NFL

Nate Burleson Made $33 Million in the NFL But Spent His First Paycheck on Fake Jewelry

While every athlete doesn’t take home Patrick Mahomes money, most NFL players earn sizable salaries. Take, for example, Nate Burleson. The wideout was never an elite star, but he still made more than $33 million during his time on the gridiron. When he first broke into the pros, however, he made an economical purchase.

Although we’ve heard horror stories of professional athletes and NFL players blowing their paychecks on impulse buys, Nate Burleson did something different. In addition to buying a new car, he also picked up some fake jewelry.

Nate Burleson’s NFL career

RELATED: Randy Moss Was Once Fined $10,000 for Pretending to Moon Green Bay Packers Fans

Growing up, Nate Burleson hoped to follow in his father and brother’s footsteps and head to the University of Washington. While he never got that chance, he still managed to put together a solid football career.

After high school graduation, Burleson couldn’t secure a scholarship to the University of Washington; he could have tried walking onto the team but wanted something more. The receiver ended up heading to the University of Nevada and joining the Wolfpack.

After three solid, if unremarkable, NCAA seasons, Burleson entered into the 2002 NFL draft and joined the Minnesota Vikings as a third-round pick. While the wide out bounced around a bit—after leaving the Twin Cities, he suited up with the Seahawks and Lions, before failing to make the Cleveland Browns roster and retiring—he proved to be a capable professional. During his 11 seasons in the NFL, Burleson pulled in 457 receptions for 5,630 yards and 39 touchdowns.

Making more than $33 million playing professional football

During his time in the NFL, Nate Burleson was a solid receiver; while you knew he could put in a capable performance, you weren’t exactly relying on him to win the game single-handedly. Despite that reality, he still earned a nice chunk of change during his time on the gridiron.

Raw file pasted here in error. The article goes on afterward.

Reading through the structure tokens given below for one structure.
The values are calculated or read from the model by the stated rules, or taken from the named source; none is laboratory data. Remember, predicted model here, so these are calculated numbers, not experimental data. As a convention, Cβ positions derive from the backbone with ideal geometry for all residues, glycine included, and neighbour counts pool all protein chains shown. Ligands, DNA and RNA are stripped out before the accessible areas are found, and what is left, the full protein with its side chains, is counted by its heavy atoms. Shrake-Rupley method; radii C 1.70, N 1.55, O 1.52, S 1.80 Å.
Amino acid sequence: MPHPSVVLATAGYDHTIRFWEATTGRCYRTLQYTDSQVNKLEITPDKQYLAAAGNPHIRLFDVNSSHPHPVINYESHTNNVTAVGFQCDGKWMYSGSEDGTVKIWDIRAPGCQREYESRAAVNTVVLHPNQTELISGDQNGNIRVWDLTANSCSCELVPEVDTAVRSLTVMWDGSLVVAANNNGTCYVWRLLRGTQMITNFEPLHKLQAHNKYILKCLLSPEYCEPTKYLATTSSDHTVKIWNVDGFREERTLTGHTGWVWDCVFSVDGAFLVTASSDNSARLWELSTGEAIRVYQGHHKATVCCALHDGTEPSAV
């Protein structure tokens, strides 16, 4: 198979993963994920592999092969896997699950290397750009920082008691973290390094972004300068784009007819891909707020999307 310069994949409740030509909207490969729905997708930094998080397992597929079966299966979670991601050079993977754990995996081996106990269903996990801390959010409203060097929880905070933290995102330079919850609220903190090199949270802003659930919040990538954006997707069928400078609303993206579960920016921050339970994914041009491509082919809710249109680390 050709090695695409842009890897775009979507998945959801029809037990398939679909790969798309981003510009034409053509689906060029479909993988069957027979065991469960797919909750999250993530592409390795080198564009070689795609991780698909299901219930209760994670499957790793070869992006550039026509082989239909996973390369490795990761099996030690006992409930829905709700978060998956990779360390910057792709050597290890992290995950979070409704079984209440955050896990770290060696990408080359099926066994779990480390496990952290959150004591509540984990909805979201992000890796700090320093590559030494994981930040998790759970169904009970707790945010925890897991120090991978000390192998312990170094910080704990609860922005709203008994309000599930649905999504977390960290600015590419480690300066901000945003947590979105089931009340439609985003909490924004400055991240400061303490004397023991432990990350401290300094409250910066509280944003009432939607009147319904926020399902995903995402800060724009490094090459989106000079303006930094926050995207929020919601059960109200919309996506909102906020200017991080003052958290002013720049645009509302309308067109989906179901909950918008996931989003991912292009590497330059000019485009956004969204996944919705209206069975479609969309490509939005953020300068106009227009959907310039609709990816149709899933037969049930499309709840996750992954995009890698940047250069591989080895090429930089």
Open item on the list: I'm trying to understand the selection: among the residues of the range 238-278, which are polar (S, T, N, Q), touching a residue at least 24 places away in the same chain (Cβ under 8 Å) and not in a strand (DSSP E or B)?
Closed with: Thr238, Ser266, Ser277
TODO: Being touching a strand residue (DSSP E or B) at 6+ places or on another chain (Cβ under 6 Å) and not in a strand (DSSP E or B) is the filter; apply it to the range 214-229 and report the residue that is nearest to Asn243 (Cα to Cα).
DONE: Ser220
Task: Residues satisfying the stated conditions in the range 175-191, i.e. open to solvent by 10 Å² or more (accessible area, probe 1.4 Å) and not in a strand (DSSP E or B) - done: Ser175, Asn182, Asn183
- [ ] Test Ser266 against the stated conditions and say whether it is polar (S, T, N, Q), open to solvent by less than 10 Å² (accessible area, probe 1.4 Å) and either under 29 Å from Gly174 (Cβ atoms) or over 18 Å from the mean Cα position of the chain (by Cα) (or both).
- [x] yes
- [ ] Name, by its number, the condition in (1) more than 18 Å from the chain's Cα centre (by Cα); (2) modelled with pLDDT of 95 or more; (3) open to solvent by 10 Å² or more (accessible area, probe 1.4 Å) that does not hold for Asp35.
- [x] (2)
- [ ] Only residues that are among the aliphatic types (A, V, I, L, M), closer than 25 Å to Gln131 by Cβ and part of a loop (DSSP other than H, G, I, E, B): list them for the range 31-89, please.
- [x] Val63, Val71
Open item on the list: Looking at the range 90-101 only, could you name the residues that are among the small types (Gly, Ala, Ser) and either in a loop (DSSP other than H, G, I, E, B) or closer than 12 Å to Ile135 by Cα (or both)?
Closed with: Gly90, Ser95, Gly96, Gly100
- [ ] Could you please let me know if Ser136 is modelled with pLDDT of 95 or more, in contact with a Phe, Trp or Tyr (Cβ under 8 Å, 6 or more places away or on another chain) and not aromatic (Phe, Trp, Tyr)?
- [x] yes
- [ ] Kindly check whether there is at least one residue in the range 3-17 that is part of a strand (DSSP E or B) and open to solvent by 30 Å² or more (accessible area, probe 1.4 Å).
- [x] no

According to Over the Cap’s numbers, Burleson earned just over $33 million during his professional career, averaging out to roughly $3 million per season. About $17 million of that came during his time with the Lions; the Seattle Seahawks paid out another $14.5 million.

Burleson’s football career is still paying off, even in retirement. He’s found a home in the media, covering the NFL and serving as an Extra correspondent.

Nate Burleson bought some fake jewelry with his first professional paycheck

RELATED: Terrell Owens Lost Almost $80 Million Following a String of Bad Decisions

When a professional athlete signs their first big contract, it’s understandable that they’d want to splash the cash and make some big purchases. While Nate Burleson is no exception to that trend, he did things a little differently.

“Growing up, I was a multi-sport athlete and didn’t specifically focus on an NFL career, so I had absolutely no clue what to expect,” the receiver told NFL.com in 2016. I remember the Vikings gave me a check for $529,000, and it was unbelievable.”

While he made some of the standard moves—Burleson bought an Escalade and gave his parents some money—he also bought himself a watch and chain. That jewelry purchase, however, came with a catch; both pieces were fake. “In my mind, I thought no one is going to question if they were real because I was an NFL player,” he explained.

“I was very frugal at first, because I figured I better walk out of this career with more money than I came in with, and I didn’t know how long my career was going to last,” Burleson continued. “I was a hoarder of my money early on, because I didn’t have the knowledge I wanted to about investments or buying property or fancy things. The easiest thing for me was to keep it in my bank account where I could see it.”

Nate Burleson’s purchases weren’t perfect—”looking back, I wish I would have bought a more fuel-efficient vehicle and a home,” he said—but he managed to keep tabs on his money and avoid financial ruin. Buying some fake jewelry, though, presumably helped him keep some extra money in the bank.

All stats courtesy of Sports-Reference and Pro-Football-Reference